Detroit is like Rome during the Dark Ages - frightened roaming bands of destitute ignorant people, scrounging for food, killing one another and huddling in the collapsed ruins of a once great civilization - wondering what happened.

Behold! The Marxist-Feminist Postmodern Utopia made manifest on Earth!

Et tu, Toledo?

How very, very sad.

Failure to launch:

Anonymous said...

To “Furthermore, I could see lawsuits”

I can see lawsuits too.

These will be an emerging slew of lawsuits by students and parents who begin to sue their public higher education institutions for engaging in deceitful practices that contribute to a higher education bubble.

What is the value of the UT undergraduate degree in the marketplace?

When enough people start to ask that question, it will be the universities who have the courage to guarantee their degrees that will earn the public trust, endorsement and patronage.

UT can be the first!

Anonymous said...

Here's another interesting link:

Anonymous said...

It's a PR gimmick and the details are important. UT will build so many requirements into it that the only students who might actually benefit from it will be those that would get jobs after graduation anyway. Or are people really arguing that this program will apply equally to Pharmacy majors and Theater majors?

Anonymous said...

“UT will build so many requirements into it that the only students who might actually benefit from it will be those that would get jobs after graduation anyway.” I agree with you. Screening will be stringent. Which brings up the question “Why are most young students in public higher education at taxpayer expense today if they don’t envision being gainfully employed after graduating?”

Anonymous said...

“Why are most young students in public higher education at taxpayer expense today if they don’t envision being gainfully employed after graduating?”

Because most of them will be, the unemployment rate for college graduates is half that of high school only graduates.

Any all studies of future employment trends clearly indicate future demand and greatest potential for careers earnings is higher for college graduates compared to high school only.

Plus they are not attending college at taxpayer expense since the largest source of revenue is student tuition either paid for by students/parents or by federal student loans they have to pay back.

Anonymous said...

The UT guarantee: to spend money we don't have!

Anonymous said...

Anyone seen anything on enrollment? I've heard there's another decline, somewhere between 3-8%

Anonymous said...

The most recent numbers I've heard are about 2% drop in enrollment for this fall. The swampbubbles posting above mentioned 8%, but that particular article was dated from this spring.

Anonymous said...

To anonymous August 20, 2013 at 9:27 AM:
The Dean of NSM said more than 3 %.

Anonymous said...

Jacobs Inc. finally solved the parking problem. He did it his way. Thank you, Thank you, Thank you!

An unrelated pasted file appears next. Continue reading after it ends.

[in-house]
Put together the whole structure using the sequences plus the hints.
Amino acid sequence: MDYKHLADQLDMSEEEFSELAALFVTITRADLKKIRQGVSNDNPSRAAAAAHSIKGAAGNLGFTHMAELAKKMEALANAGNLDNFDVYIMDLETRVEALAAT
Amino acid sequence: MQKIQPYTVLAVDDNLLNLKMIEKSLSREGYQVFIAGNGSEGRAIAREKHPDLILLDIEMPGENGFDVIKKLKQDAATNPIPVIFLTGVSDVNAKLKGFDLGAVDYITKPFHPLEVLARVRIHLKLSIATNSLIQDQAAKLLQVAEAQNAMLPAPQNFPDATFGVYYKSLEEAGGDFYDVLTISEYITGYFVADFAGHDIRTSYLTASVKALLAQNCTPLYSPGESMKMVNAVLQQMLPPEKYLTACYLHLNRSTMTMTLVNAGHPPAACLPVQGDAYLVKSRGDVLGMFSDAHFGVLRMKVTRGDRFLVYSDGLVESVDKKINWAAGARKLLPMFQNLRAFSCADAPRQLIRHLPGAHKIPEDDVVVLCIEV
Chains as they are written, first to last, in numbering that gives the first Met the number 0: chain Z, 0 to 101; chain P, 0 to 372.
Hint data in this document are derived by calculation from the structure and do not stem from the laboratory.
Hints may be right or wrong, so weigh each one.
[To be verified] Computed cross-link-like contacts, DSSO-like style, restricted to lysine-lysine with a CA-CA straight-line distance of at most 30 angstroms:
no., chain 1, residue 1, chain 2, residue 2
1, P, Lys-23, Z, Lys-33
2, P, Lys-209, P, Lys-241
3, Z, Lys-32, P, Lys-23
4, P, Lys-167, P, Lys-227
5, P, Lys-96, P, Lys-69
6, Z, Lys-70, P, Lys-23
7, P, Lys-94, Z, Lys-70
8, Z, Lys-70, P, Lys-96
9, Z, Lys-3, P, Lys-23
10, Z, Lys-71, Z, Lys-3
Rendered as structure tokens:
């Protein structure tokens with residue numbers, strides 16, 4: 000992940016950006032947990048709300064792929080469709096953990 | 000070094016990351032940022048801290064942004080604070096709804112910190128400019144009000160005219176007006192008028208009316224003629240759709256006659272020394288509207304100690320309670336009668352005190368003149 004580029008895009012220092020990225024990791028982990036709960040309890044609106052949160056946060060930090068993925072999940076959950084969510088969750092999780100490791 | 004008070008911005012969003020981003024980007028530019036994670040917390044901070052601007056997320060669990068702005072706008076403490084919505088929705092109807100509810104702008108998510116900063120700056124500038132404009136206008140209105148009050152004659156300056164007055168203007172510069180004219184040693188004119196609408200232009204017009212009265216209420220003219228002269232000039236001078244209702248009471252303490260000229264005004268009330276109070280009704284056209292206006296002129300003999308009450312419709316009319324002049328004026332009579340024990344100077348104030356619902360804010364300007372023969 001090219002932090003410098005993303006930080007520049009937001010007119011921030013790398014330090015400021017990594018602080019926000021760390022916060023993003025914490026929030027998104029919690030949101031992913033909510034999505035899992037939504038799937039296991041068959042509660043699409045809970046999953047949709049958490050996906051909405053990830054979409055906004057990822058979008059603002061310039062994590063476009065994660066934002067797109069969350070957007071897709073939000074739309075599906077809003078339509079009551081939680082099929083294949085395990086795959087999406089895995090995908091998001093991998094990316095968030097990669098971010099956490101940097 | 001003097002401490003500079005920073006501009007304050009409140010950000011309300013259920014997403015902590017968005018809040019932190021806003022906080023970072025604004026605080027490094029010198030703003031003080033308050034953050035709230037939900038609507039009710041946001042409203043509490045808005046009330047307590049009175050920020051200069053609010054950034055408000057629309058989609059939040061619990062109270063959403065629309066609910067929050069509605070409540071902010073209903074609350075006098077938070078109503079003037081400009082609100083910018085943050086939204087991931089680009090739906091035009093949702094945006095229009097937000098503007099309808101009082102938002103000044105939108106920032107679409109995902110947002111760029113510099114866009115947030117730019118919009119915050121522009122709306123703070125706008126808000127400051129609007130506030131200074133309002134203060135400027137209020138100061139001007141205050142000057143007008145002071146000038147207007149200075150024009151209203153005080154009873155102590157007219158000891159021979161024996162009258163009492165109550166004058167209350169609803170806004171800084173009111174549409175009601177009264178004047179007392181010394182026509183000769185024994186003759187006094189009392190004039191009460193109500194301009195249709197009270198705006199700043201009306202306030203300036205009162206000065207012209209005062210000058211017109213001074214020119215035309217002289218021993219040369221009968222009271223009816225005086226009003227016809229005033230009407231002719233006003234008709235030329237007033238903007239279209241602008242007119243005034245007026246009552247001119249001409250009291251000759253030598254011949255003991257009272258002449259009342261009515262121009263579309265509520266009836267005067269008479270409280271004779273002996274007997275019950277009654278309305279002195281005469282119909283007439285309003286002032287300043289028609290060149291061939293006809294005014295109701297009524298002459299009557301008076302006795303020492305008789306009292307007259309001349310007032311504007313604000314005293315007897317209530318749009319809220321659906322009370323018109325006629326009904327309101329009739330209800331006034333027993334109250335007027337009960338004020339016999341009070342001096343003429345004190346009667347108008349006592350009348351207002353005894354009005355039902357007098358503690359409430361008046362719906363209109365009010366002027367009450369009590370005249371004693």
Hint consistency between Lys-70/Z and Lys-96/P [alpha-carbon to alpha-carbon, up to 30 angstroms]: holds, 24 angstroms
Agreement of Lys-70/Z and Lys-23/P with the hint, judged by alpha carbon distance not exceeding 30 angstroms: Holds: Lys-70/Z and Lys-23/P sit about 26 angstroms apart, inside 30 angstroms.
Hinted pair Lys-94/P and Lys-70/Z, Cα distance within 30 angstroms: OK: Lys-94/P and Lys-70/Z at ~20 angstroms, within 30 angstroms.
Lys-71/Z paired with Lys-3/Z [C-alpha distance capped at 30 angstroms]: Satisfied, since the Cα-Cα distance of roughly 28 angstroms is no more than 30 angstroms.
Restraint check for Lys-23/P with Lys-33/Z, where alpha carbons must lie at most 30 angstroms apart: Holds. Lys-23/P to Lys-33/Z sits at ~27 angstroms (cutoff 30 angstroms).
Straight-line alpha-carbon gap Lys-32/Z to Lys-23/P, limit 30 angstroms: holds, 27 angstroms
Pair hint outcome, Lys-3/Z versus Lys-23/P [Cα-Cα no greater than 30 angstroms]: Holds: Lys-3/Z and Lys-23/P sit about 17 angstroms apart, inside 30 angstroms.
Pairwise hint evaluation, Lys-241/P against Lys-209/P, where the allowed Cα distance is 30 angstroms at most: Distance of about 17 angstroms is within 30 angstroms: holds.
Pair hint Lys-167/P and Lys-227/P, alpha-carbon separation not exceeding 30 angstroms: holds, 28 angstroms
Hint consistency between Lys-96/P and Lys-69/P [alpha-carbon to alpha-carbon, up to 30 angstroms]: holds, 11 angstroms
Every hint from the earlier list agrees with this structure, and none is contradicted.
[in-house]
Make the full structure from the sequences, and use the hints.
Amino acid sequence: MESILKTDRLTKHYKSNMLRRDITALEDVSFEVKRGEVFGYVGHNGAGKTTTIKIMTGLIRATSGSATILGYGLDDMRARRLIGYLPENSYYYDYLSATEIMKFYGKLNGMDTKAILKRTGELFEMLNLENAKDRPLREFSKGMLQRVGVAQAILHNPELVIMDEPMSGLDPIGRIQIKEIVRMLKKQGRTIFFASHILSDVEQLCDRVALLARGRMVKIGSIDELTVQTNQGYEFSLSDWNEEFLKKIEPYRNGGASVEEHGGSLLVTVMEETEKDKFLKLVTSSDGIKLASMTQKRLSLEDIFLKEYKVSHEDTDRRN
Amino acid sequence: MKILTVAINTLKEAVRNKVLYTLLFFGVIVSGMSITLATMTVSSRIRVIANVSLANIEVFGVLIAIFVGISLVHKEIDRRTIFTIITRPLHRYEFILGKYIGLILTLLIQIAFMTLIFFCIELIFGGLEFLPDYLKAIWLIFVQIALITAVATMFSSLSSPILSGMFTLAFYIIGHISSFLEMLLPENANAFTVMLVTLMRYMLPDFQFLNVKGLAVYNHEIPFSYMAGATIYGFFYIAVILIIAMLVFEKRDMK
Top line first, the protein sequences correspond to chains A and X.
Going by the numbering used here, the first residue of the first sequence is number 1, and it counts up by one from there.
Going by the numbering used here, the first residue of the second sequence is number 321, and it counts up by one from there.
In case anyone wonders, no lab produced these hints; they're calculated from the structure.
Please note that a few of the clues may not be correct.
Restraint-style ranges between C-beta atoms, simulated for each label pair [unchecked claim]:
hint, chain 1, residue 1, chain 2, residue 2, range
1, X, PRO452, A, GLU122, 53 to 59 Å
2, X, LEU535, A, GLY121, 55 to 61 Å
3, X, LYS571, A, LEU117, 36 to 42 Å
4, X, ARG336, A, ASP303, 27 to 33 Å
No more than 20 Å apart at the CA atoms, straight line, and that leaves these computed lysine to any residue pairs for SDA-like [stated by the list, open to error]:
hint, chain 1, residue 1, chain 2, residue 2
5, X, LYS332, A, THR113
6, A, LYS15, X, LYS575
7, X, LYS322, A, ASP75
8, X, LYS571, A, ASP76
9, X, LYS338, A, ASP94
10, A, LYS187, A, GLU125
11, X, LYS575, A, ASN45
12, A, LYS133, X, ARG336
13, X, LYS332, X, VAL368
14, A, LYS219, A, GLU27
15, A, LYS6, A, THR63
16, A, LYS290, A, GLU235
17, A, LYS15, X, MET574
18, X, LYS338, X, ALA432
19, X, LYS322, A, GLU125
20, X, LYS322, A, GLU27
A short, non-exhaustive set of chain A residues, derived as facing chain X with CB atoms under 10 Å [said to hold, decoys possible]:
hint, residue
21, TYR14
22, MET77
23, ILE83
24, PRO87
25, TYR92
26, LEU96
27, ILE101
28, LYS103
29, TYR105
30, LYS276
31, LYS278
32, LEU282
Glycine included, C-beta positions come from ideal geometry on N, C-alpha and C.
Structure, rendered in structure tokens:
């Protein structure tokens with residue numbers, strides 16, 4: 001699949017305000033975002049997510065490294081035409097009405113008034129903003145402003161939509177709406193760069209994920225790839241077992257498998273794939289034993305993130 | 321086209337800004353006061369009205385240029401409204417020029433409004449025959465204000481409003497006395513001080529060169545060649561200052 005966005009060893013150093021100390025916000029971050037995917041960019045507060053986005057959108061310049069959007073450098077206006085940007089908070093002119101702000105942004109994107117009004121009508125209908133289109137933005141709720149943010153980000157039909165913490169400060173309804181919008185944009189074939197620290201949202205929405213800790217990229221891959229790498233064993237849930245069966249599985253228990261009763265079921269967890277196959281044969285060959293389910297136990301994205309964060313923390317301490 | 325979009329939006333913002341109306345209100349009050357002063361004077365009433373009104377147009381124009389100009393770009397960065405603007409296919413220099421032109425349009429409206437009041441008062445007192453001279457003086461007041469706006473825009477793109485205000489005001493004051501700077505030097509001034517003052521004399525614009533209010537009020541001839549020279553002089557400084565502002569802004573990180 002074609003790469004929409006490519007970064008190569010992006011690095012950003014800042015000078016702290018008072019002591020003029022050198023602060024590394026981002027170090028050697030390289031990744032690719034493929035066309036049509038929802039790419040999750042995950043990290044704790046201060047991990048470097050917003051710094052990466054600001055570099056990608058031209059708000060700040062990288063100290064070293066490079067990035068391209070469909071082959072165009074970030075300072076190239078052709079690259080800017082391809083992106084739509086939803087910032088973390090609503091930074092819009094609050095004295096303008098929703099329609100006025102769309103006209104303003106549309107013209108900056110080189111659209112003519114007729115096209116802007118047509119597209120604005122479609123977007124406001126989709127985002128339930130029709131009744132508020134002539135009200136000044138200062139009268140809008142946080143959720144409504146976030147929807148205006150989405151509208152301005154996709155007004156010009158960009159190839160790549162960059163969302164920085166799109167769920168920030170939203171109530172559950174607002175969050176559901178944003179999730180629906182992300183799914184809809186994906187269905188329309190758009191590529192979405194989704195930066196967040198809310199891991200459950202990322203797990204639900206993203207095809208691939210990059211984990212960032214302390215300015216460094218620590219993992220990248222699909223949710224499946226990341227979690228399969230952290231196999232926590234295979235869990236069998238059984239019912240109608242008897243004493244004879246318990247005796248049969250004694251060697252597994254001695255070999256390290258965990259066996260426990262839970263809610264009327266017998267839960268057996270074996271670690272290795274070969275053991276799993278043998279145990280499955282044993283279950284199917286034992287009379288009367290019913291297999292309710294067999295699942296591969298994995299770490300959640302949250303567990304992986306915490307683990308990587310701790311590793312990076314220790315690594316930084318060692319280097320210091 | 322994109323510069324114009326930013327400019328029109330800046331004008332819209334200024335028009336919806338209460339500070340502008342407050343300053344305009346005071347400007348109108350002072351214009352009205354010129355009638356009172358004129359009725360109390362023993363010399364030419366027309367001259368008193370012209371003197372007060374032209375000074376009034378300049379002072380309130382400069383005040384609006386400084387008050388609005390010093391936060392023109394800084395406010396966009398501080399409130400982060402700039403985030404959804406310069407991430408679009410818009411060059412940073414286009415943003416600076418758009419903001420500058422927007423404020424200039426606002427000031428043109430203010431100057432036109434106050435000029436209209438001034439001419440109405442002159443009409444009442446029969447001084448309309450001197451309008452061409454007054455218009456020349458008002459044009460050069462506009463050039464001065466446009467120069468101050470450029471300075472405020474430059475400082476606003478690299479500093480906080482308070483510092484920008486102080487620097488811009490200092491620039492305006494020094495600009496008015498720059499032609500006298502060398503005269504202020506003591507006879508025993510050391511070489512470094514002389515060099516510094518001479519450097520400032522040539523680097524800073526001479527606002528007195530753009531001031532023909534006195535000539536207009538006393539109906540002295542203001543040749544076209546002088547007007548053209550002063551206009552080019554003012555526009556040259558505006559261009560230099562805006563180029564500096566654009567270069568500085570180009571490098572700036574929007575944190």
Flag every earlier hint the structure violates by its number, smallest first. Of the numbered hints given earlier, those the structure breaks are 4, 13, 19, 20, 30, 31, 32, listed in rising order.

Anonymous said...

Would be nice if we could get this sort of attention for our plight:

Anonymous said...

Take my word for it a 3% decline in enrollment has not improved the parking situation, just try and find a spot mid morning or later - good luck!

Anonymous said...

I always go to campus around noon or 1 pm and I find plenty of spots available at the Driscoll Alumni Center, while it was not so during last year... just saying.

Anonymous said...

Re: Akron, at least their faculty is the highest paid of all MAC schools except Buffalo, and they're in the final phases of a ONE BILLION dollar capital campaign while UT is trying to figure out how to raise $200 million.

Anonymous said...

It may depend on schedule of classes in Driscoll or parking lot enforcement issues, but my standard is lot 10 which is the largest lot closest to most classroom buildings, and certainly the first week of classes it was busy mid day Mon-Thurs as previous years. For many students Driscoll lot is unknown and is designed staff/faculty only so it may be targeted for enforcement.

Anonymous said...

Dear anonymous August 25, 2013 at 3:12 PM,
a the Driscoll center there are not any more parking spots reserved only to staff/faculty, at least since Fall 2012 and students have been well informed about this.
Indeed, all parkings reserved for staff/faculty have been accessible to students since a year ago at least.
The only truly reserved parkings are for administrators, but those are just a tiny number.

So this is not an explanation for Driscoll Center parking lot not being full; moreover, last year at this time and during the Fall semester 2012 it was indeed full.

Maybe it just means students have become lazier and want to park as close as possible to class.

Anonymous said...

Maybe people don't like to park over there because crossing Bancroft is an added hassle and because the lot doesn't feel that safe. The latter is particularly true for people who have to be on campus past 5.

Anonymous said...

"at the Driscoll center there are not any more parking spots reserved only to staff/faculty, at least since Fall 2012 and students have been well informed about this.
Indeed, all parkings reserved for staff/faculty have been accessible to students since a year ago at least."

Parking enforcement in specific designated lots is not done the first few weeks of a term, but after that period yes students can be ticketed for parking in designated staff/faculty lots as I have had students tell me about such tickets, so I have no idea where you got that information as none has been communicated to students and the posted signs, permits and list of lots continues.

I have no idea if or why the Driscoll lot is less busy or not compared to 2012, but I do know that even with a 3% decline in enrollment, lot 10 (which has always been the most popular shared lot) and the food court in SU at noon are still both full. Plus Tuesday of this week by 9am traffic was backed up down Bancroft Street.